An Economic Approach to Environment
have to be living in a cave to not know that the 21st annual Conference of Parties, better known as COP21, began in Paris on Monday. The event has already been in the news more than in any previous year, perhaps a reflection of the urgency
of the world’s countries to sign an agreement that will truly help to slow down climate change.
Dr. Terry Eyland, an Economics professor at Bishop’s University, has been researching a promising solution that would encourage countries to sign an international environmental agreement: border tax adjustments, or, carbon tariffs.
In an interview with the Stanstead Journal, Dr. Eyland first spoke about why some of the more familiar climate change solutions that are being considered by some countries and already in use by others, such as a ‘carbon tax’ or ‘cap and trade’ programs, may not be lowering overall global greenhouse gas emissions, the main cause of climate change.
“Policies like the carbon tax lead to costs to producers. Those companies can lose their competitive edge to the same companies in other countries that don’t have environmental policies,” explained the economist. He also spoke about ‘carbon leakage’: the increase of carbon dioxide emissions in one country as a result of emission reductions in another country that has adopted an environmental policy. For example, a country may stop producing certain goods that produce high levels of greenhouse gases in order to reduce their emissions, then begin buying the same products from other countries with less environmental regulations.
“The greenhouse gas emissions are not being reduced globally; they just get moved around from one country to another.” Dr. Eyland continued: “So that’s the main stopper for countries to act alone to address climate change: they fear a loss of jobs and they realize it won’t help the environment if the goods just get produced elsewhere. Sometimes it can even increase greenhouse gas emissions such as if production of goods is moved to a country that uses coal for energy.” Coal is the major source of energy in China and some sources have reported that China builds a new coal plant roughly every two weeks.
‘Carbon tariffs’, the climate change solution that Dr. Eyland has been researching, allow countries to tax carbonintensive imports at their borders according to how much greenhouse gas was created in their production.
“Using carbon tariffs is a way for countries to have an environmental policy without losing their competitiveness. The goal is not to necessarily increase domestic production of goods. What I find interesting is that if carbon tariffs were adopted and accepted, it would add incentives to all countries to do something environmentally.”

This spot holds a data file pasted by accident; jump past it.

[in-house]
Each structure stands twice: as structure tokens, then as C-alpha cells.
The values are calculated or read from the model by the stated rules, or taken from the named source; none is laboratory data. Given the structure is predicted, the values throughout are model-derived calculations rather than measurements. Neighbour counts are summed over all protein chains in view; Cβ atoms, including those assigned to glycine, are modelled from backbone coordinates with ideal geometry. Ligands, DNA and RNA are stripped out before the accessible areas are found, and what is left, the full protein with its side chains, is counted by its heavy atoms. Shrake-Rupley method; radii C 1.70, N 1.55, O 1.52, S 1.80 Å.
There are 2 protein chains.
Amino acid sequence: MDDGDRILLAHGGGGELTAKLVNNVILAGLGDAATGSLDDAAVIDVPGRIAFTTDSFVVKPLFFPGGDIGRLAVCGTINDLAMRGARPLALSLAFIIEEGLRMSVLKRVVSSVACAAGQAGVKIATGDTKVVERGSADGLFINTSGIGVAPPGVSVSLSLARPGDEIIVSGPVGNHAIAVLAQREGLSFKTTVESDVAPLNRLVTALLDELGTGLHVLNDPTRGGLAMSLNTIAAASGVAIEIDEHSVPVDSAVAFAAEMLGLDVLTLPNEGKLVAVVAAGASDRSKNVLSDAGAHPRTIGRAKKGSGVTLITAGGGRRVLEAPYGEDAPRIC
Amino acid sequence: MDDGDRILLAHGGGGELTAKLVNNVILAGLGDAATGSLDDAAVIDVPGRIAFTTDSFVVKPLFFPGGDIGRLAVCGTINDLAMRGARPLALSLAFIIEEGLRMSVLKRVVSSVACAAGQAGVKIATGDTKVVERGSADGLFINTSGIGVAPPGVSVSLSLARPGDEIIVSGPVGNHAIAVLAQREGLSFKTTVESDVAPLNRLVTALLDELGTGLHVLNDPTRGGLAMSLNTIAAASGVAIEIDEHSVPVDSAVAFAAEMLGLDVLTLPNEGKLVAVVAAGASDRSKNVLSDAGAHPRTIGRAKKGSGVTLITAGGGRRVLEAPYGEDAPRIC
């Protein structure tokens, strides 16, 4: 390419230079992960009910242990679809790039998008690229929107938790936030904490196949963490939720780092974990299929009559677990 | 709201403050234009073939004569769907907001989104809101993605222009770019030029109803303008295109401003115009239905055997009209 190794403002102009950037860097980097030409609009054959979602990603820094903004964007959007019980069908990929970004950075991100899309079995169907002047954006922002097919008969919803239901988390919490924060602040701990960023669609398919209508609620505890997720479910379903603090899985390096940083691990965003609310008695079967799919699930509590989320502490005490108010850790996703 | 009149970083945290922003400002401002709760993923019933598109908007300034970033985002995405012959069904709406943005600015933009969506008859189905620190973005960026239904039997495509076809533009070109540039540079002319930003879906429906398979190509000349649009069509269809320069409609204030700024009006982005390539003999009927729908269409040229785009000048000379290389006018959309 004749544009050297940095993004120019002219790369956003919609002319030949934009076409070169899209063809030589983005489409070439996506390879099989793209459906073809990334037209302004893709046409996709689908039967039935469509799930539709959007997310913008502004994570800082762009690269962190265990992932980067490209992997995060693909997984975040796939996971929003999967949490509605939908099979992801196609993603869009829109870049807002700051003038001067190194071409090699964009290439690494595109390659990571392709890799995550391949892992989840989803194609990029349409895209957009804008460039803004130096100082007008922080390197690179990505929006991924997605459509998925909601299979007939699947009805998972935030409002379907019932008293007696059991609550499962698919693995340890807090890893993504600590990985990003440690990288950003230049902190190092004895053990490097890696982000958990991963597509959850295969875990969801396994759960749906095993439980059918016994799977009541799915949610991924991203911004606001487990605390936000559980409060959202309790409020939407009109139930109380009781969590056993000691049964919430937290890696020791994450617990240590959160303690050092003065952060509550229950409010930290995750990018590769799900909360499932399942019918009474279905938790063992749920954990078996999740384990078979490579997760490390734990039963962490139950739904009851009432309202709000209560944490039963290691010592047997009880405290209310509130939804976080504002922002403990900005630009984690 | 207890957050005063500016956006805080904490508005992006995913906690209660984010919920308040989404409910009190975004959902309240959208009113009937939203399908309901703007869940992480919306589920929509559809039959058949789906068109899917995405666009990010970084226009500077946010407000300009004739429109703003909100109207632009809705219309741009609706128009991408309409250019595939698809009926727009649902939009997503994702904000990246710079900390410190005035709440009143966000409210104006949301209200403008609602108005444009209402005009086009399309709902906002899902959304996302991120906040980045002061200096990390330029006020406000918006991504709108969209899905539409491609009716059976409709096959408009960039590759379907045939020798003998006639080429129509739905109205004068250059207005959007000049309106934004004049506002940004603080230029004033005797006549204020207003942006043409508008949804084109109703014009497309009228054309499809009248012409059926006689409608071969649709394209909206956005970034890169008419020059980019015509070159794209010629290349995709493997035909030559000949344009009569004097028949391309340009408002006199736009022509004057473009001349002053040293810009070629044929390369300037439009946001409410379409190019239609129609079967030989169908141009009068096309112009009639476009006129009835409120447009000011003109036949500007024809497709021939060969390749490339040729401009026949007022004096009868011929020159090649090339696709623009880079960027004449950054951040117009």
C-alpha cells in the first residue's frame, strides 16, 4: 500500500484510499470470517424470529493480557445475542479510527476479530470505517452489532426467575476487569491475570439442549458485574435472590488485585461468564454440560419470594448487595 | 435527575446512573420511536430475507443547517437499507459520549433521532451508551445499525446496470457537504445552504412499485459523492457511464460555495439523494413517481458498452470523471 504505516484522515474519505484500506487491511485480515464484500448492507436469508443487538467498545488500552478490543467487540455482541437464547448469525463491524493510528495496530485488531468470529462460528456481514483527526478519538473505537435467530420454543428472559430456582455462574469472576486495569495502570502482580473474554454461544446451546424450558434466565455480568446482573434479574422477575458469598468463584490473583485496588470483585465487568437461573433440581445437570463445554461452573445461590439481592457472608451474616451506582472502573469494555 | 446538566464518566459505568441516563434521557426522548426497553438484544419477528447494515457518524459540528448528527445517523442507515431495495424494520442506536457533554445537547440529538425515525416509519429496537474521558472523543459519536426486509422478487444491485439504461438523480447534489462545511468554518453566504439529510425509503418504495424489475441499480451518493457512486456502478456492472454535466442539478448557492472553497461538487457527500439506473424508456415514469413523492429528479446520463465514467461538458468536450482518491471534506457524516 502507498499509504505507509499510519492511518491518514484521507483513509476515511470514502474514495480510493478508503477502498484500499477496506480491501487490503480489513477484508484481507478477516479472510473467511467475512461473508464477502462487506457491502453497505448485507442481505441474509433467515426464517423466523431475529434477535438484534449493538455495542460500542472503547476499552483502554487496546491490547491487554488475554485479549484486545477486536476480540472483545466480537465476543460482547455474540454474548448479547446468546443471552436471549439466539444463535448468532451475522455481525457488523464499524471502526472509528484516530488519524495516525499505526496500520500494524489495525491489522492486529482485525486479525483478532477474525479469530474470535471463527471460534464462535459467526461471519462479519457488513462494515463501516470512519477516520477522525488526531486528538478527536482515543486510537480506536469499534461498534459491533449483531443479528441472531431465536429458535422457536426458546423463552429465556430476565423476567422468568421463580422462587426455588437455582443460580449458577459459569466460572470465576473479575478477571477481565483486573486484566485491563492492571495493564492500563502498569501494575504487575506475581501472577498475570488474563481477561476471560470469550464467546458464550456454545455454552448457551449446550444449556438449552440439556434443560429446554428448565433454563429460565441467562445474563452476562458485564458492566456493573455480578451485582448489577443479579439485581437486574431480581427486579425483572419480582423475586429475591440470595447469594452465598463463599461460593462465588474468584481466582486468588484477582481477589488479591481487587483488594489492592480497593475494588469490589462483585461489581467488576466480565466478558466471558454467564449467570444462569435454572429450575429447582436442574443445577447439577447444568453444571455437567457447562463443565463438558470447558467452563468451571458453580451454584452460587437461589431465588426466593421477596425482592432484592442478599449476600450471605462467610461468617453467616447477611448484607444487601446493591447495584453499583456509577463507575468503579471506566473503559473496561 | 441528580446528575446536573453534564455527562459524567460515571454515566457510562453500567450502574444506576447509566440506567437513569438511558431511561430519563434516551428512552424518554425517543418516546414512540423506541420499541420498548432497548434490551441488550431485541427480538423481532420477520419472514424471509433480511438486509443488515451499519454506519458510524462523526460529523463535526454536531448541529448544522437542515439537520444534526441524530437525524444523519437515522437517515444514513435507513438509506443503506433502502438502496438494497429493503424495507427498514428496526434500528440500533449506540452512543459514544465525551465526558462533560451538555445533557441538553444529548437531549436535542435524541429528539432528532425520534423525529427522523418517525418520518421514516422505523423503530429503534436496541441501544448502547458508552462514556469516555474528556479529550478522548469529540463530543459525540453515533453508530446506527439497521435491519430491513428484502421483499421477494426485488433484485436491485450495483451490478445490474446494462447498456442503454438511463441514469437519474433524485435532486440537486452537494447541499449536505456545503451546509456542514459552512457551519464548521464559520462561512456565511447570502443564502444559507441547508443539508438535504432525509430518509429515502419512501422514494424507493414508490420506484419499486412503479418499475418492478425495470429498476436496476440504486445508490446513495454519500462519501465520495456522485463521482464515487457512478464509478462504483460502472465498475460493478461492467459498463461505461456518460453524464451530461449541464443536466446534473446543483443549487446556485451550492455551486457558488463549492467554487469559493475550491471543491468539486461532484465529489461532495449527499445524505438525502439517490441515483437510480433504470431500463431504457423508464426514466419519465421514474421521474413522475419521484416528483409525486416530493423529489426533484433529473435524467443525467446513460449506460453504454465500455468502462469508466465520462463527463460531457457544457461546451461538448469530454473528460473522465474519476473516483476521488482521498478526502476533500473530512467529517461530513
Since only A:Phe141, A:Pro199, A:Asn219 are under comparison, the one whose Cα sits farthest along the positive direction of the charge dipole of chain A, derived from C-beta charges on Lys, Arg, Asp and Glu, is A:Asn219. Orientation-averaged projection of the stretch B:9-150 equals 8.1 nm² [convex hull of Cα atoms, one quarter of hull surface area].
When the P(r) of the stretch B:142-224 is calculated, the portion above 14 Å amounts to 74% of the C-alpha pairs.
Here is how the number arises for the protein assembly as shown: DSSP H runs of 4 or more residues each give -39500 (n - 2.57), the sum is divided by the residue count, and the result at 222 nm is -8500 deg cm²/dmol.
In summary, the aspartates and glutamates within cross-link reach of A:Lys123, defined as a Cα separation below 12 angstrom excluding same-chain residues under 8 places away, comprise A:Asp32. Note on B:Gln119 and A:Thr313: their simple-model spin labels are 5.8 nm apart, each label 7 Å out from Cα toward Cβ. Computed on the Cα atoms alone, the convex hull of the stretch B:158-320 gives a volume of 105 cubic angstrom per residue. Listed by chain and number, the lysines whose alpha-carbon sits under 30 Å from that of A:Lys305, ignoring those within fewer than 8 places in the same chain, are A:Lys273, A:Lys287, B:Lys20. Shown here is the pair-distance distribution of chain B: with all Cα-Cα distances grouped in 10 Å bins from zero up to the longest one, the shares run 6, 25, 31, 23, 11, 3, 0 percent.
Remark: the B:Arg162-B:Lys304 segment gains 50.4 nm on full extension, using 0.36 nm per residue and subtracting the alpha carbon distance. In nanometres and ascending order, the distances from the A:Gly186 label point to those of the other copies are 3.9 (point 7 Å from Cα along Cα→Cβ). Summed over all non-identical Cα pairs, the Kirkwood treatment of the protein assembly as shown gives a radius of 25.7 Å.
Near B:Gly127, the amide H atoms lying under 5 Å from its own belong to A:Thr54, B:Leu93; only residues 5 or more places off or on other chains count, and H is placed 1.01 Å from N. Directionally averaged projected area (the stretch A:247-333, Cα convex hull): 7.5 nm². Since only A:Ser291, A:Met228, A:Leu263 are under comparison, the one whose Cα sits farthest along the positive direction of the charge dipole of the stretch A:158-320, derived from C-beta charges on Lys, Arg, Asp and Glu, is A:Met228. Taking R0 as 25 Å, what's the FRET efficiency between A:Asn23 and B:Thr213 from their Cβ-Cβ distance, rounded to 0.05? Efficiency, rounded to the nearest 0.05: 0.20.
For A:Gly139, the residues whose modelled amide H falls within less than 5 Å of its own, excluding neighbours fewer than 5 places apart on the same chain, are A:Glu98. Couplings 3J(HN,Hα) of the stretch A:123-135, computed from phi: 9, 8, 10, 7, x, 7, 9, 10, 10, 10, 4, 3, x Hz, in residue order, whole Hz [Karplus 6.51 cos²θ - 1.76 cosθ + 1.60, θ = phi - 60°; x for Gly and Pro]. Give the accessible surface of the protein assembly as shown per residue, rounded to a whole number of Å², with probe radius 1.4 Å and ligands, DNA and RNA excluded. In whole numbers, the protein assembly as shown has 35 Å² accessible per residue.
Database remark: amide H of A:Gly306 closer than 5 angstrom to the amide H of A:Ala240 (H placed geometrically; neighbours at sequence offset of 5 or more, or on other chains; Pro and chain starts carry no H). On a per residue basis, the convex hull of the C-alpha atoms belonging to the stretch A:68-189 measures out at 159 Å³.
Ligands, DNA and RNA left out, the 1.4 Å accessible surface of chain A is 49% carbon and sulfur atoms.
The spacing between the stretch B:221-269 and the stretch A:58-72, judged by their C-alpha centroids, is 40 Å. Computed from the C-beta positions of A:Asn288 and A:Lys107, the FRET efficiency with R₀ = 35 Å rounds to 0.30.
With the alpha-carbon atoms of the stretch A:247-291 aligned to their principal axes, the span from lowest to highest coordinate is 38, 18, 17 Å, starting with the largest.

Asked whether Dr. Eyland expected the use of carbon tariffs to be discussed at COP21, he replied: “I’ve heard that it is on people’s minds; it has come up. I’m looking forward to see what happens at the conference.”
In Canada, where the effects of climate change have been less obvious than in other countries and where there are still public funds to deal with the disasters that have been occurring, people are perhaps not as concerned as they should be about whether or not to, say, drive that snowmobile all winter. “I believe that about 99 % of people are unaware of all the dangers involved with a warming climate,” said Dr. Eyland.
Admitting to be initially surprised that I was interviewing an economist on an environmental issue, I asked Dr. Eyland about his field of interest. “Usually when people think about economics they think about interest rates and unemployment, but there are so many subfields of economics. I’ve been doing this kind of research because I love economics but I really love the environment,” said the professor who grew up in the beautiful, natural environment of South Bolton. “I try to promote the idea that we must keep the costs in mind, to understand where businesses are coming from. We need to build bridges between the environment and economics to protect the environment.”
“I did snowboard training for many years,” continued the nature-loving economist in the phone interview. “I’ve seen the warming trends. I’m in Tremblant right now and there is only one run open; it’s one of the warmest years here on record. It’s not looking good,” he concluded.
photo courtesy Bishop’s University Economics professor Dr. Terry Eyland has been researching the use of carbon tariffs to encourage countries to sign an environmental agreement.